To direct a documentary about someone you don't know, but someone the public feels a strong sense of ownership over, as Asif Kapadia has done twice now – first with 'Senna' and now with 'Amy' - is pretty courageous. Reckless even. But perhaps it's exactly the kind of taste for risk you need when your subjects insist on playing dice with the devil?
In both cases, to accomplish this as intelligently and in such a profoundly moving way as Kapadia has done demands a very particular sensibility. His powers of empathy and perception run deep and his sonic antennae definitely twitch with the best of them. All the way through a film in which Amy is completely present and the director ostensibly absent, you quietly give thanks as he grasps the gift of every brilliant insight, however matter-of-factly given - and affords it proper theatrical significance. Just watch in 'Amy' for the way he announces the re-appearance of Blake Fielder-Civil in her life.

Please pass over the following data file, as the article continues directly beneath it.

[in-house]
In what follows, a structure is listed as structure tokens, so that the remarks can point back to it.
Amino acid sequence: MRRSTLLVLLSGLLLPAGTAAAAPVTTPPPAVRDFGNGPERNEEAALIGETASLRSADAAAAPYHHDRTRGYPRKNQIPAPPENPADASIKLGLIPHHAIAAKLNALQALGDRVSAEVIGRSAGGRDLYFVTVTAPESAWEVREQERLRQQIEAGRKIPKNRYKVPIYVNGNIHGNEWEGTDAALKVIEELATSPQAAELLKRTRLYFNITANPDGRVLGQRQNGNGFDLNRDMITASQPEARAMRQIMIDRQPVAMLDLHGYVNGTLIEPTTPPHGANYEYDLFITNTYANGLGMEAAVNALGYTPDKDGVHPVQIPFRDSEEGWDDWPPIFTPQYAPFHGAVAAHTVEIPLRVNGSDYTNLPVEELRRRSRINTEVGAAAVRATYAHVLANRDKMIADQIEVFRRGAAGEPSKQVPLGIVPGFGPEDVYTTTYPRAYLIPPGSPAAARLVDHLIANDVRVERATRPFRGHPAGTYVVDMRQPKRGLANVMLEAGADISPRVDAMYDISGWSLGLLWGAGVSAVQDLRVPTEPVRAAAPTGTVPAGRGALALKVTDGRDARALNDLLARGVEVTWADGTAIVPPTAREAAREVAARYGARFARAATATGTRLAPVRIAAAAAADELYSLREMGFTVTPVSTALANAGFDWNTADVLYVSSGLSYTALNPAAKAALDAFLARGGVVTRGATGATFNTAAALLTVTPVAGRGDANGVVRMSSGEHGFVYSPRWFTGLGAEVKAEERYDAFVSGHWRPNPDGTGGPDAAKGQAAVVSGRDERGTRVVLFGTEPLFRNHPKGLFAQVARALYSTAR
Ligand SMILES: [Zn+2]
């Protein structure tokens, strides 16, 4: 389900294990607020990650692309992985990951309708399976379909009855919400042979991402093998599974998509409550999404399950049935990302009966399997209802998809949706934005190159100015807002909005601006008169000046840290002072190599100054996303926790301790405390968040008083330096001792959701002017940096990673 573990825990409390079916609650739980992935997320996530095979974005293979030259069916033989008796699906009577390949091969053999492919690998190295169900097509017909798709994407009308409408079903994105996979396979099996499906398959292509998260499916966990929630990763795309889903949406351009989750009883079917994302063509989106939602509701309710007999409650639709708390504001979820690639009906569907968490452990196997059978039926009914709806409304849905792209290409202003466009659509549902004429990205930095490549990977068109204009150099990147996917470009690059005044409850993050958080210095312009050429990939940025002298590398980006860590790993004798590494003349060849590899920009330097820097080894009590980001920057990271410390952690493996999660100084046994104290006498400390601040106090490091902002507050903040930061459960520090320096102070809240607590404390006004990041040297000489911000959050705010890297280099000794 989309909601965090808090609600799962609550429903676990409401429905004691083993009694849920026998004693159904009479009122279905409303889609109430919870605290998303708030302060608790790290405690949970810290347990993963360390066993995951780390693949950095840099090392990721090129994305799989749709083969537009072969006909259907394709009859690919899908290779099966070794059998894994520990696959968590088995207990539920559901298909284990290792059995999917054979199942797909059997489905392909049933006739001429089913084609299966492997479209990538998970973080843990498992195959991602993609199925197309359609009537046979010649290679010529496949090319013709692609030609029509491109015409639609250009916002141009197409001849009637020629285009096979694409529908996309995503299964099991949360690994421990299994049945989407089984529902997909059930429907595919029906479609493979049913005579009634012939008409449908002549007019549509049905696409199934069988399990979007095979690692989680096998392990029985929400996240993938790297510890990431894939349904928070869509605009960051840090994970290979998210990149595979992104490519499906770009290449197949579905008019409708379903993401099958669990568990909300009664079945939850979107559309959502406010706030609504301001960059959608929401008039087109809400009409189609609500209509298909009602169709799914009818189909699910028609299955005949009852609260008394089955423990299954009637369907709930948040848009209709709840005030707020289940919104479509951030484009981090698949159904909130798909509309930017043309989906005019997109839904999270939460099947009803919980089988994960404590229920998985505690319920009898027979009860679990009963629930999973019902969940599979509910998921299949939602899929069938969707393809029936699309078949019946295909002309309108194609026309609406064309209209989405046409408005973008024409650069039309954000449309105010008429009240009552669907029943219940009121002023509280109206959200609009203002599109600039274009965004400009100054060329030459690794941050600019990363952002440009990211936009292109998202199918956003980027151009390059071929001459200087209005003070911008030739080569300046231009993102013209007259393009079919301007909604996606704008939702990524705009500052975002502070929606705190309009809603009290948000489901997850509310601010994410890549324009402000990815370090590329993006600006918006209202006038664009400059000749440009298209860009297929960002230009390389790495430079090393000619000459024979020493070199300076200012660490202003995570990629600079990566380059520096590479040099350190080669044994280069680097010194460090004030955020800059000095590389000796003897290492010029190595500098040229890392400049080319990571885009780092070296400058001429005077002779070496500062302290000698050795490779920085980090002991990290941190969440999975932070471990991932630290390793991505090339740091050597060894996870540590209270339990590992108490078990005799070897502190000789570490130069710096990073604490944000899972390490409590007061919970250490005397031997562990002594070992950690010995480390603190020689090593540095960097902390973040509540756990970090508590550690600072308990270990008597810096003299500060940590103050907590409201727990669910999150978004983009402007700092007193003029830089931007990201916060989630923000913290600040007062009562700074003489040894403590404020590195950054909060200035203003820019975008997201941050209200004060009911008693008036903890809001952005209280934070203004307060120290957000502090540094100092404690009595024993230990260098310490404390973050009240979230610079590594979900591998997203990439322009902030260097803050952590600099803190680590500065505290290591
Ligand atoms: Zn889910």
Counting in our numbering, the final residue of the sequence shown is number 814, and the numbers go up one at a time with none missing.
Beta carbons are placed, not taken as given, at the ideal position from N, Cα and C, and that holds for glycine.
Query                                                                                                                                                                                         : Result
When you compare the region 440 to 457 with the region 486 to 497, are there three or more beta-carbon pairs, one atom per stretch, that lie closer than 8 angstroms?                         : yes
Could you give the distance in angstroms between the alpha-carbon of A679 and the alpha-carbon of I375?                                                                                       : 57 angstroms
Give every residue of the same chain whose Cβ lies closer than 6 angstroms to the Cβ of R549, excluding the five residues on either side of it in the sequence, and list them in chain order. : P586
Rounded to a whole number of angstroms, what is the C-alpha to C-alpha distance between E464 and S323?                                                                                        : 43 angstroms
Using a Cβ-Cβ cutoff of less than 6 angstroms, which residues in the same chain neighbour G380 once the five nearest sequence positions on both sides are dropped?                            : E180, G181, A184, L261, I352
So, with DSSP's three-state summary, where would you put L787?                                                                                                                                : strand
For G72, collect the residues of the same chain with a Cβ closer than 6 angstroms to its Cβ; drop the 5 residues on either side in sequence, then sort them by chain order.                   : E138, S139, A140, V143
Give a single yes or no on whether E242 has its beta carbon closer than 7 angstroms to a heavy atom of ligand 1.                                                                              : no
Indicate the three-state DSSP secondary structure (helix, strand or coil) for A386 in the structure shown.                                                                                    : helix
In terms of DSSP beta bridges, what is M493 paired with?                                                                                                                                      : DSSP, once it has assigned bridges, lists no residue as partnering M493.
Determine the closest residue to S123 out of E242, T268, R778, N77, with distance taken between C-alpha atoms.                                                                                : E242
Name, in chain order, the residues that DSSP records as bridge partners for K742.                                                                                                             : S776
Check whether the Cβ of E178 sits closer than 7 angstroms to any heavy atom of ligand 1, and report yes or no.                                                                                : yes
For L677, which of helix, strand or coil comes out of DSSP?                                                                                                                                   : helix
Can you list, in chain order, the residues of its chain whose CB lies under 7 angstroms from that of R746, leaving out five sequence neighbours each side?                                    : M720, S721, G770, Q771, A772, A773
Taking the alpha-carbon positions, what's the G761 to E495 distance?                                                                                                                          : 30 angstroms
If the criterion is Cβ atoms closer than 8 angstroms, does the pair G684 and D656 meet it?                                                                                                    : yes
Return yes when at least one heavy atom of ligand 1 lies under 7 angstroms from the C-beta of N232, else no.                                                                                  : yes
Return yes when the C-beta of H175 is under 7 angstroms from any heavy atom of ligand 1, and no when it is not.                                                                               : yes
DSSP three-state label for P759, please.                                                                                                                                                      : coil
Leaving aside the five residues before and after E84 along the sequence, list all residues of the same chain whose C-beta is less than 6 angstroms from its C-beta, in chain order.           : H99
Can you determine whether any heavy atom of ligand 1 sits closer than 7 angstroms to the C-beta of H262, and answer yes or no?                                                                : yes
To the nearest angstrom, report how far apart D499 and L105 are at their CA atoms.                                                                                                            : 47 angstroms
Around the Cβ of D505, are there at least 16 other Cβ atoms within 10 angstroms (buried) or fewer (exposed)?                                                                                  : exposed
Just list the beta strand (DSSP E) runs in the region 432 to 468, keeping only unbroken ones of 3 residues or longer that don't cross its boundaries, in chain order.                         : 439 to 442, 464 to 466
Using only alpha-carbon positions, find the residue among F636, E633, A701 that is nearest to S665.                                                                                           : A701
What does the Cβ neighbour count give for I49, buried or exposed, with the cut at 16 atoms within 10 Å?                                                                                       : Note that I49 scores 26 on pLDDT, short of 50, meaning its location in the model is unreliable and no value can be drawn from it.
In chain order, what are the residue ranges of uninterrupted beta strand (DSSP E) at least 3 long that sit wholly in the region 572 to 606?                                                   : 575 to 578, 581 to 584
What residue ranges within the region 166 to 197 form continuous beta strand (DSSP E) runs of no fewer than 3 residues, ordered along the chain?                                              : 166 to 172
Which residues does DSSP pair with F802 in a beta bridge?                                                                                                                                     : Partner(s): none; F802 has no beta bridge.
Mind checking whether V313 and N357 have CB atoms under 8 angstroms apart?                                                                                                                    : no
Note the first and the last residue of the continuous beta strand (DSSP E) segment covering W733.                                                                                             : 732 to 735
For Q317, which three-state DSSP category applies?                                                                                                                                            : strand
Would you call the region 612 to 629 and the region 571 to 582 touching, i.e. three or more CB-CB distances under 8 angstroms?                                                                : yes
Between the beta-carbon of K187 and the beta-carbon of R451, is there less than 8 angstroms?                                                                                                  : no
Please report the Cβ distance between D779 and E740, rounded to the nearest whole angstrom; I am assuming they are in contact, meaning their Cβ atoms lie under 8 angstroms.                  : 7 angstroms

Kapadia also makes the crucial creative decision to allow Winehouse's lyrics to run across the screen as she sings, so that her voice – honest and autobiographical to the last – allows her to own her story posthumously, via her greatest passion: the music itself.
‘Amy’ begins and ends with the artist's extraordinary voice; a great gift, but possibly too heavy a burden, as one of her final comments suggests, for the price it finally exacted?